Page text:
The Disappearances by Emily Bain Murphy
PLOT: Alia’s mother has always been secretive about her home town, Sterling. However, after her death, Alia and her brother are sent to live with a family in Sterling, and will soon find out just how different this small town is from the rest of the world. Every seven years something ordinary disappears from Sterling, and stays gone – like people’s reflection, or their ability to dream. No one knows what, or who is to blame for this, but they do have a suspect: Alia’s mother.
THOUGHTS: I think this might be the lightest of the books listed in terms of it having a lot of whimsical, magical elements, as well as a solid realistic fiction feel. There’s a strong focus on family and friendship, and the romance is incredibly cute and soft – it made me beam A LOT. Even so, this is the perfect Halloween read for those who’re interested in a light but intriguing mystery.
Stranje House series by Kathleen Baldwin
PLOT: The series takes place in early 19th century Britain, and centers around the inhabitants of Stranje House: girls who are sent there because they are too unusual according to their families. What these families don’t know is that Headmistress Emma Stranje has bigger plans for these girls than making them ‘lady-like.’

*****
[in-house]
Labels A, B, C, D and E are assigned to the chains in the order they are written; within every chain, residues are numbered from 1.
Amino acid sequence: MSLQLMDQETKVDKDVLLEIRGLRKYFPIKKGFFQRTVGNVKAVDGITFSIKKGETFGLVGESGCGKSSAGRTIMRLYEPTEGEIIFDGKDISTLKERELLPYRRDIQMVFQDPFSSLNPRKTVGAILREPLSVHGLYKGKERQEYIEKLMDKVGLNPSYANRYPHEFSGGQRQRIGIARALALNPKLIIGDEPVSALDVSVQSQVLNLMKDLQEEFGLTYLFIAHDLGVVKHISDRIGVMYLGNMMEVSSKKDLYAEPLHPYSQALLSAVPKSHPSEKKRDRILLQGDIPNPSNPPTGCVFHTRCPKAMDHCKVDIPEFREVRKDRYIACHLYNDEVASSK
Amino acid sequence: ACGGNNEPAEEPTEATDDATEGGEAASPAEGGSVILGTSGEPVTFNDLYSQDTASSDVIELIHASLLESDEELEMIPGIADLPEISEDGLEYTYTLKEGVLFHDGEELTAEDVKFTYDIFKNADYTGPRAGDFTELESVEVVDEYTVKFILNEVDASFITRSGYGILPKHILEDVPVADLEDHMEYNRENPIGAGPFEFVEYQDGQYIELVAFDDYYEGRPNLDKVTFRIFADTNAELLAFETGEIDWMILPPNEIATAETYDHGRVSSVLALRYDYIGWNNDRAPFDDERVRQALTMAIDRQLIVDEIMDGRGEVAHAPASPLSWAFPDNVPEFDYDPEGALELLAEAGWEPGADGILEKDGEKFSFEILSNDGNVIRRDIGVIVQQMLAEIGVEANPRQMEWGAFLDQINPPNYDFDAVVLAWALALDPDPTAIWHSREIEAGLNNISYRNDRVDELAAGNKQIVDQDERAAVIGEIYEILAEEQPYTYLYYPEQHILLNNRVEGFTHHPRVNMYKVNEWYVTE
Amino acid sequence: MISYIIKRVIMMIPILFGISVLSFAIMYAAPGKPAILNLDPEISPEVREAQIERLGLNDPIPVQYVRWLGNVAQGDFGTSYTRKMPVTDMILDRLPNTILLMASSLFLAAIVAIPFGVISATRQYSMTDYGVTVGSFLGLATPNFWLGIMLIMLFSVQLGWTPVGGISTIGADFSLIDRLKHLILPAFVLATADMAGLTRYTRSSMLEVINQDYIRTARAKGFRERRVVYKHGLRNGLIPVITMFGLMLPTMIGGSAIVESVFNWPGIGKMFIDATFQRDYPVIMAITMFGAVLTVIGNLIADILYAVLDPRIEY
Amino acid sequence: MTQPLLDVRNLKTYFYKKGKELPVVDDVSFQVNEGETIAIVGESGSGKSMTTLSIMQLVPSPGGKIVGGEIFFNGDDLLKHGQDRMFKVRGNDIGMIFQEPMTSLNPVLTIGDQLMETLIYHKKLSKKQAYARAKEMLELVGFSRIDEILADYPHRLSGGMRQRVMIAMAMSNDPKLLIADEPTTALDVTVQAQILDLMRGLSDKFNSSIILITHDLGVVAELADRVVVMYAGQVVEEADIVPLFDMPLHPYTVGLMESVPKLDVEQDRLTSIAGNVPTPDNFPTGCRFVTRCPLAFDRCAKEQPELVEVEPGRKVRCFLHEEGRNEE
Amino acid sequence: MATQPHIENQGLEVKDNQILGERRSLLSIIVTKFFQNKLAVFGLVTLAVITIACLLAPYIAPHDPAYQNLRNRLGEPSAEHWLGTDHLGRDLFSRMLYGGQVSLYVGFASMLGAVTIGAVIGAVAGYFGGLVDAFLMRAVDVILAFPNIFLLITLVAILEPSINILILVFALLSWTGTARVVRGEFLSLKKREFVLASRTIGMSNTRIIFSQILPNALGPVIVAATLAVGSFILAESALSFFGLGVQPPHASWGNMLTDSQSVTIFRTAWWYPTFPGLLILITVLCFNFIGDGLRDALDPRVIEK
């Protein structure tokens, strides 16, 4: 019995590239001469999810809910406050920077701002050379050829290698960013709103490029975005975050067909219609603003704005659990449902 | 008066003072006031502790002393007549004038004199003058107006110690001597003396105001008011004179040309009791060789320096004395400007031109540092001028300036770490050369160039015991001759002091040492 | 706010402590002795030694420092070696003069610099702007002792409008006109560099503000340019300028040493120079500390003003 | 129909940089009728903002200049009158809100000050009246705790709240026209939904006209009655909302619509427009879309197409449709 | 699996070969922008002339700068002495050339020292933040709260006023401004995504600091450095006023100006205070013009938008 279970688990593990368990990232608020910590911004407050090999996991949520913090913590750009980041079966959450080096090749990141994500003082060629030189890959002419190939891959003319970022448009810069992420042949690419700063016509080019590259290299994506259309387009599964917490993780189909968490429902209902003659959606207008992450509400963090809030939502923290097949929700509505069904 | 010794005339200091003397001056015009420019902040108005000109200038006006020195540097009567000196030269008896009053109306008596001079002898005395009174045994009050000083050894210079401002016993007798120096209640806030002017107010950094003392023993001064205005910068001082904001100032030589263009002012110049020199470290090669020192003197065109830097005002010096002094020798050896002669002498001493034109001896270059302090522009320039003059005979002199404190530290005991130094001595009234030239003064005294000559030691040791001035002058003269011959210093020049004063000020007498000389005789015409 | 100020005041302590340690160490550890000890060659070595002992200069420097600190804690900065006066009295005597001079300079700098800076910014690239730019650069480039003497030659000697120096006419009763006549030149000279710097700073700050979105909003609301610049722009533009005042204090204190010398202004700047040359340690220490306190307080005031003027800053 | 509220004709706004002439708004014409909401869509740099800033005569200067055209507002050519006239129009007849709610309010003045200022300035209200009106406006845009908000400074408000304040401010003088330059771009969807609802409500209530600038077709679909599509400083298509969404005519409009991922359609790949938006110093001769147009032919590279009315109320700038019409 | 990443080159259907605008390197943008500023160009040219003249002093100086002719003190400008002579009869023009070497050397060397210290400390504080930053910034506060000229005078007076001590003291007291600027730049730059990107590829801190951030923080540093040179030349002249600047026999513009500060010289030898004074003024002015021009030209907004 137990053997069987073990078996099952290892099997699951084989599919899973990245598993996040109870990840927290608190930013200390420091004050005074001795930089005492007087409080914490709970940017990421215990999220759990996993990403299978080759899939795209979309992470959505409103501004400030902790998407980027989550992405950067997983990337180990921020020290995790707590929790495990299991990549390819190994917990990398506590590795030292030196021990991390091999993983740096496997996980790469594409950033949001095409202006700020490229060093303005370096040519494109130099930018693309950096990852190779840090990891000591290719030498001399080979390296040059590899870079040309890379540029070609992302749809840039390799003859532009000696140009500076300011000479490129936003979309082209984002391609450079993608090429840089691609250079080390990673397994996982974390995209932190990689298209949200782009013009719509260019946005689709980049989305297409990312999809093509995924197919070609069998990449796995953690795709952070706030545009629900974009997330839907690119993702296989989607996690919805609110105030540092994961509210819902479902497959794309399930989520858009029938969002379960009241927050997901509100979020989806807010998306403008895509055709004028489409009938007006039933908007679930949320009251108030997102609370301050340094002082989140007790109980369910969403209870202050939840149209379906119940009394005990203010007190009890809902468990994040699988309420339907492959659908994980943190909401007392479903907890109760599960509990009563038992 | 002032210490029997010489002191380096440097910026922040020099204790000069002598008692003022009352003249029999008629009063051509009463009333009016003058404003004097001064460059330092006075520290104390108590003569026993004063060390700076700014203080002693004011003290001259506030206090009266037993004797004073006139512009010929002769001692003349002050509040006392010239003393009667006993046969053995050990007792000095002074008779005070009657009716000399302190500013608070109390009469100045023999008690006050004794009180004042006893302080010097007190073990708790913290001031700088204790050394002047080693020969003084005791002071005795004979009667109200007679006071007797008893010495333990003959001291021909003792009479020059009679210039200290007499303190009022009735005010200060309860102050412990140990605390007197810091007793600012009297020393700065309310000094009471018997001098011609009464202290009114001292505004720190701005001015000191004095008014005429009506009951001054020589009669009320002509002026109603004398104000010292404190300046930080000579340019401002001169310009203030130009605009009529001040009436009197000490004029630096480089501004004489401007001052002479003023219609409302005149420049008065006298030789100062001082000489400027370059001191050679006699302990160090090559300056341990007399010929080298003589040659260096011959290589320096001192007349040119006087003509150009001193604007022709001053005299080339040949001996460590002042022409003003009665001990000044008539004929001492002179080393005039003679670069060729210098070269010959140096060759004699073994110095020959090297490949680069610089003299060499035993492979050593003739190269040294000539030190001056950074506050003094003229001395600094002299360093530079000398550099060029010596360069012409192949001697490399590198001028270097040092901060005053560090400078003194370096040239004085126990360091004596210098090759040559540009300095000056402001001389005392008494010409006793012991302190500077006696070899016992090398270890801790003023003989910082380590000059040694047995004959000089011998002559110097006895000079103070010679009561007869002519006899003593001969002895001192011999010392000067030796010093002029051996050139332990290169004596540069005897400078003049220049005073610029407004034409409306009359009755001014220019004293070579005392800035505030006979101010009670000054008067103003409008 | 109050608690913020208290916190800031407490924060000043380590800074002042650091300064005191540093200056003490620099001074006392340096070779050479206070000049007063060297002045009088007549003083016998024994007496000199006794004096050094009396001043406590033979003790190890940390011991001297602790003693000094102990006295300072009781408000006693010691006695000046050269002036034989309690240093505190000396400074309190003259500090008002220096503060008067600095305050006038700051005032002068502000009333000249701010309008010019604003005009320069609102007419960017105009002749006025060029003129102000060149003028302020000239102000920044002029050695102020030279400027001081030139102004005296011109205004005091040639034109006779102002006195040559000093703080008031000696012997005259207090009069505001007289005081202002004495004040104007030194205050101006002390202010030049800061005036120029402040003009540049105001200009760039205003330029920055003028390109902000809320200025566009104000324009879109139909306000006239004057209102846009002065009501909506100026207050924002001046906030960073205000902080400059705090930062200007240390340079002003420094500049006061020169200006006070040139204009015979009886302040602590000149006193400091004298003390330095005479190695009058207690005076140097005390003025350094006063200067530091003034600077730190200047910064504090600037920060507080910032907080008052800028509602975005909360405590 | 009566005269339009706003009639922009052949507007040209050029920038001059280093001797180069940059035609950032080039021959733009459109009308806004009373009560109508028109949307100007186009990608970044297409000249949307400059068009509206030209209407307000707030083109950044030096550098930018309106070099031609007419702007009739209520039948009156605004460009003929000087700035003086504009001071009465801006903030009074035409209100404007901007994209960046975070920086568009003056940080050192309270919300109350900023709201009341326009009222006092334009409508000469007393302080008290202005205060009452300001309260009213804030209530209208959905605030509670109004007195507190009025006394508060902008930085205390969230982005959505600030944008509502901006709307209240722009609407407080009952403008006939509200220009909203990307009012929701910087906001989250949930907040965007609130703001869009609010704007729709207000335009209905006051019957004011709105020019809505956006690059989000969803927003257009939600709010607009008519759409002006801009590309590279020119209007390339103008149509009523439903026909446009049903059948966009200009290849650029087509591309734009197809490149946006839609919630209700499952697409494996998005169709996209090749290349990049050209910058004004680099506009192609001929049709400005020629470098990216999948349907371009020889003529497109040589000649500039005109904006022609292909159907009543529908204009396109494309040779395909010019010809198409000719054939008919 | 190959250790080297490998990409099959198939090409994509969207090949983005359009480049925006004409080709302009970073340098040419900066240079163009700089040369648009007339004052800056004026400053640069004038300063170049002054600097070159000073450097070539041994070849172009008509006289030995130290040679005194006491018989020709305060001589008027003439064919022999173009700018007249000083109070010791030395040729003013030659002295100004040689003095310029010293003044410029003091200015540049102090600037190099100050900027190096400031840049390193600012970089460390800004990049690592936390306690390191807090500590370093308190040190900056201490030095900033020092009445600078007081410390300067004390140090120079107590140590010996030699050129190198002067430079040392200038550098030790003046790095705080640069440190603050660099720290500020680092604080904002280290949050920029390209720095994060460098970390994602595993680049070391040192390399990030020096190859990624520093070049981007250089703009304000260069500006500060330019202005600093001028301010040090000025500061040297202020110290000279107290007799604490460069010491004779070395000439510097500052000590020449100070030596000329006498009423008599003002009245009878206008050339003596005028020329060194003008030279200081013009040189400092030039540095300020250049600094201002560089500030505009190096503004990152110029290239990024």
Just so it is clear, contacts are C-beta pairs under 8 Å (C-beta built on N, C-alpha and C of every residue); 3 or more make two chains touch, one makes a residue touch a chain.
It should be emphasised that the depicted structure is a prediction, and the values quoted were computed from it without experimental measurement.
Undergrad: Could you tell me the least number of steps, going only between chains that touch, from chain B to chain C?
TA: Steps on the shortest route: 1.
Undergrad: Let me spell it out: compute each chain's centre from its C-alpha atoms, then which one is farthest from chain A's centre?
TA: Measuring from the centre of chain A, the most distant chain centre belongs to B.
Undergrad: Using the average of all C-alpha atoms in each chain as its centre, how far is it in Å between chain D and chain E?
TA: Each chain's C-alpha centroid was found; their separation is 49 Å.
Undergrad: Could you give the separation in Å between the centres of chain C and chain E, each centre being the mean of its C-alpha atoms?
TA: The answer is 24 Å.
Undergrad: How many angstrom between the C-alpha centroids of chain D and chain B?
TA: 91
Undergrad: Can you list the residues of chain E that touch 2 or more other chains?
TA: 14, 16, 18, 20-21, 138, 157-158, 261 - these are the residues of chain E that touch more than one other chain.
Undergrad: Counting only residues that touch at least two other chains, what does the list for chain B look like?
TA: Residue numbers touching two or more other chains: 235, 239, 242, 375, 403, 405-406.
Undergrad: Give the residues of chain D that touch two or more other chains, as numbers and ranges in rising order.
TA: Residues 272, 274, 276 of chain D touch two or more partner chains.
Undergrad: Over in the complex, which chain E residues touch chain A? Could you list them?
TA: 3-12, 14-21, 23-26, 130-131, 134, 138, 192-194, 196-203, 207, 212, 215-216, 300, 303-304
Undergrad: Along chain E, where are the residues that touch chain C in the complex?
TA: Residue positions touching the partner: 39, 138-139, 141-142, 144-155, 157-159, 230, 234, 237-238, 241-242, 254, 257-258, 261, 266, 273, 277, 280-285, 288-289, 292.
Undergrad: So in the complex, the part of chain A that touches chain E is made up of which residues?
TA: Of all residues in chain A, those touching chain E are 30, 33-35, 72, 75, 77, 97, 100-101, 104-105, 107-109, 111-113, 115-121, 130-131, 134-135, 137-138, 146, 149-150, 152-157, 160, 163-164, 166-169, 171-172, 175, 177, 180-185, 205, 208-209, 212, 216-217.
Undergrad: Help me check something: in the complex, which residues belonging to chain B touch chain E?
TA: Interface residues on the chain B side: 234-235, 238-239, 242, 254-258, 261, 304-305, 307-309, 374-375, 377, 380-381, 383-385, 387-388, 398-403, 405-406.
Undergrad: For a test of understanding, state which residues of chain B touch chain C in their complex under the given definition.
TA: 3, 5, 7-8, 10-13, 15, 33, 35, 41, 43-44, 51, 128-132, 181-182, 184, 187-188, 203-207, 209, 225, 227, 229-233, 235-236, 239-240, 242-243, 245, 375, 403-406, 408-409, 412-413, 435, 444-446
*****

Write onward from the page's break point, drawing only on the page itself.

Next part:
THOUGHTS: Another really light series in terms of creepiness, but it does have some darker aspects, like kidnapping or torture, although none of that is graphic. Each novel concentrates on a different girl, and they’re all lovely, not to mention their friendship, which is so wholesome. If you’re looking for a historical mystery series that is, in part, based on true events, you should give this a chance.
The Diviners by Libba Bray
PLOT: The Diviners is set in the 1920’s, in New York, and centers around multiple characters with special abilities. While each novel has its own plot there’s also a larger, over-arching plot in the series that gets bigger with each book.
THOUGHTS: The Diviners is one of my all time favorite series, and I genuinely think that anyone who’s into fantasy should give it a chance. The characters are so complex and well-written, and each and every one of them stands out. I love all the dedication Bray puts into creating a great series; the way she slowly connects all the threads is masterful, and I haven’t even mentioned how cool it was to see the characters meeting each other – some have known each other since the beginning, others get to know each other only in the later books. If you are looking for a historical fantasy where the characters are constantly met with intriguing mysteries, this is for you.
Are you comfortable reading dark, scary books? Have you read any of my lighter Halloween recommendations? Do you have any non-horror recommendations for Halloween?